Should college athletes be paid?


UCONN women’s basketball coach, Geno Auriemma, and Tennessee women’s basketball coach, Pat Summitt, shake hands.

Daniel Beeck, Sports Editor

If you wanted to watch the 2012 BCS National Championship game from the stands of the Mercedes-Benz Superdome, you would have to fork over a cold $1,808 per seat (on average). According to, Geno Auriemma (Head coach of the UConn women’s basketball team), signed a $10.86 million dollar contract in 2013 to keep him at the school until the 2017-18 season.

The players that are on their respective playing fields of these events, are paid nothing.

Those on the side who dispute this fact might say that, “Their scholarships are enough” or, “Paying the athletes could take away the sportsmanship of the game” bring up great points. There are arguments for either side of this discussion, and no matter what we as consumers think, the players deserve compensation. I could go into pro’s and con’s of every single aspect, however, I will attempt to explain my idea, while supporting both sides.

The first idea that I support when it comes to paying athletes is the fact that these student-athletes help their institutions rake in a ridiculous amount of money, without having their pockets lined with the same cash that the university is getting. In playoff tournaments such as the “March Madness” games, large TV companies televise games online, on tablets, on TV, and countless other formats. The contract between the NCAA and CBS/Turner Sports for the March Madness tournament was reportedly worth 11…billion…dollars. That deal alone shows how much the NCAA is gathering through just one month. If these athletes are putting their blood, sweat, and tears on the line to hopefully make the leap to the professional game, shouldn’t there be some compensation?

The next aspect that I researched was the fact that if these players eventually go to the professional level, in most cases, they receive a pretty penny for playing the sport they love. Time in and time out, these players do not know how to manage their money, and end up bankrupt in a few short years after leaving their league. Names such as Terrell Owens, Lenny Dykstra, Mike Tyson, and Olympic athlete Dorothy Hamill have all declared bankruptcy after getting careless with their money when they made it pro. Would introducing these college athletes with financial literacy help them in the long run? Even if those athletes that decide not to go pro, go out into the world and get a job, the teachings that they received in college would benefit them. How much pay would be enough though? What would be too much? That is the real question.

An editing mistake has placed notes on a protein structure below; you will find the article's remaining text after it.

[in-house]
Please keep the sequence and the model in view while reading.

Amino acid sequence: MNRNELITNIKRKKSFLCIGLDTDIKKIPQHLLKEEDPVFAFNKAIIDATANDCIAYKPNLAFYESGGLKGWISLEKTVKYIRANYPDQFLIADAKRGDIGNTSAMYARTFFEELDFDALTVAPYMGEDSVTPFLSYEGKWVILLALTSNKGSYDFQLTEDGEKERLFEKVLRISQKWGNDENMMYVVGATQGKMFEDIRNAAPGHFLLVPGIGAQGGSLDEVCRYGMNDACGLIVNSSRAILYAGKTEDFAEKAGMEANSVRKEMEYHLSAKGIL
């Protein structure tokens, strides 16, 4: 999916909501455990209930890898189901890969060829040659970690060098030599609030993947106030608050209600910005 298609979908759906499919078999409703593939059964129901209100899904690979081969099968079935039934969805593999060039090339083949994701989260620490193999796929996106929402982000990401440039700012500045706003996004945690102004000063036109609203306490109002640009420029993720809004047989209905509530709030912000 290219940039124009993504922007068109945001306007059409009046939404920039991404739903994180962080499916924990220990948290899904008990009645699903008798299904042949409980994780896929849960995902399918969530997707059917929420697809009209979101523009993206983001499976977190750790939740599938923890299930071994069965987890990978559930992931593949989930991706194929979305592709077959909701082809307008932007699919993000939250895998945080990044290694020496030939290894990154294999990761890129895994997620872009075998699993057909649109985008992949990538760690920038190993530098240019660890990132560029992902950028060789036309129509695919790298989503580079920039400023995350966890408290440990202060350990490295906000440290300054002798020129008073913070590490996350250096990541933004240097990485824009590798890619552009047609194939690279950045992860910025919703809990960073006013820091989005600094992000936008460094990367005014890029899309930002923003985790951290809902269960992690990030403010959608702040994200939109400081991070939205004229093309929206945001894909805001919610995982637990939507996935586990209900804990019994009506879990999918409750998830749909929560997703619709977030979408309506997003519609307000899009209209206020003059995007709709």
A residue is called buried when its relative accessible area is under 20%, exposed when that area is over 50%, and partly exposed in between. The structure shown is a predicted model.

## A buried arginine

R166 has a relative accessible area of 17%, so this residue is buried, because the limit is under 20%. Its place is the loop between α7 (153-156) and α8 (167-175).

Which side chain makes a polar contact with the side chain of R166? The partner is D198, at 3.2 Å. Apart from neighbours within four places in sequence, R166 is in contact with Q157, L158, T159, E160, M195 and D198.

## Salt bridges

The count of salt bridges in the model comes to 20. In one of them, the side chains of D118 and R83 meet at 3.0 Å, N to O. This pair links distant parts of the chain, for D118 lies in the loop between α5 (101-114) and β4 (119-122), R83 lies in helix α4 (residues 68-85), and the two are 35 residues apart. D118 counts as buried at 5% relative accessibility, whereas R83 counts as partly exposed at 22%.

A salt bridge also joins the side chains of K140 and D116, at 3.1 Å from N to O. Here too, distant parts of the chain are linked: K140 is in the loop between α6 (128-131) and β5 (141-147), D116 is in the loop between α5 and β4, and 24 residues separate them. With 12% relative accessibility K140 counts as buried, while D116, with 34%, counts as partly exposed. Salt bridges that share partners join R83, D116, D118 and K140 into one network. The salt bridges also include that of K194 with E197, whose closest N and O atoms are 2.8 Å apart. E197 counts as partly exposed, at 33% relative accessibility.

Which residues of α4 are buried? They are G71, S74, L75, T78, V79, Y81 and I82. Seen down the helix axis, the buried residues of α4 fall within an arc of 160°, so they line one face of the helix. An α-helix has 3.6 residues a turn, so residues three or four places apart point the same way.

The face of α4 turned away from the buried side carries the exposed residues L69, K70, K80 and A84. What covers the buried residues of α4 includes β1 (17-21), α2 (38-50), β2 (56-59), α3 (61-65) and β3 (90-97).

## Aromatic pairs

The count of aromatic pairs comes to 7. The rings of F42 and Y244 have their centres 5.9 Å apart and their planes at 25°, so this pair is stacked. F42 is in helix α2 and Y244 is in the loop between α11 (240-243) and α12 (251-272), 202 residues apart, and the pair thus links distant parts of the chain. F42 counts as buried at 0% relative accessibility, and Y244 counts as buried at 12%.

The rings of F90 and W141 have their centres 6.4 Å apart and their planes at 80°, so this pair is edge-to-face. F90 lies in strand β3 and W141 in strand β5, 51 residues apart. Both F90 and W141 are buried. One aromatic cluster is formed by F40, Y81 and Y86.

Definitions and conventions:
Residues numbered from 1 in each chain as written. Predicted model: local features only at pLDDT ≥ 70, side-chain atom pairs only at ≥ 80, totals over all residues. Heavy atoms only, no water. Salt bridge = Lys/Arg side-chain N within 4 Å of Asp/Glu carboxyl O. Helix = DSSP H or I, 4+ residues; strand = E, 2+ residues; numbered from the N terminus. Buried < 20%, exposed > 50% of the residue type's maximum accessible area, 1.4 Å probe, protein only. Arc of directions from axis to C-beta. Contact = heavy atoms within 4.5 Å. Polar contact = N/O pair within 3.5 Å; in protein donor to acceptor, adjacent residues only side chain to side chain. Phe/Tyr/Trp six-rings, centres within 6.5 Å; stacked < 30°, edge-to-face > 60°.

On the flip side of this topic, the scholarships that those same athletes receive give them a large advantage when it comes to student debt. The traditional students that go to school may come out of the same university with an enormous amount of money that they need to pay back. Most Division I schools are endorsed by a company like Nike, Under Armour or Adidas who gives them apparel to wear while playing. The scholarship gives these athletes free gear that before would cost a lot of money, again, for free. Aside from the various methods that could vie for or against paying athletes, the real question is, how much should the salary be if the NCAA decides to go through with paying them.

I decided to ask a few athletes here on campus to see what they had to say about all of this. Marisa Fanelli, a sophomore libero of the Vulcans Volleyball team, agrees with getting paid, due to the amount of work day in and day out that her and her fellow teammates put into the preparation for games.

“Technically we get paid through scholarships but I believe that Division I athletes should get at least 30 dollars an hour, DII should get 20 and DIII, 10. Those numbers would just include hours put in during workouts and practice. Games could be increased by 10.”

I also got in contact with Jordan Gessner, freshman guard on the Men’s Basketball team, who stated a differing opinion from his fellow athlete, believing that college athletes should not be paid.

“Me being a college athlete makes me want to say that college athletes should be paid because I know how much time goes into each sport, but honestly I don’t think they should be paid.” He goes on to say, “If you pay your major sport athletes (Football and Basketball) the money that they are worth, then there will be nothing leftover for the university to pay the other deserving athletes from various sports.”

While both brought up great points about their reasons why college athletes should or should not be paid, this question still leaves me questioning just how they would do it.

Make sure to vote on this question via to weigh in on the conversation!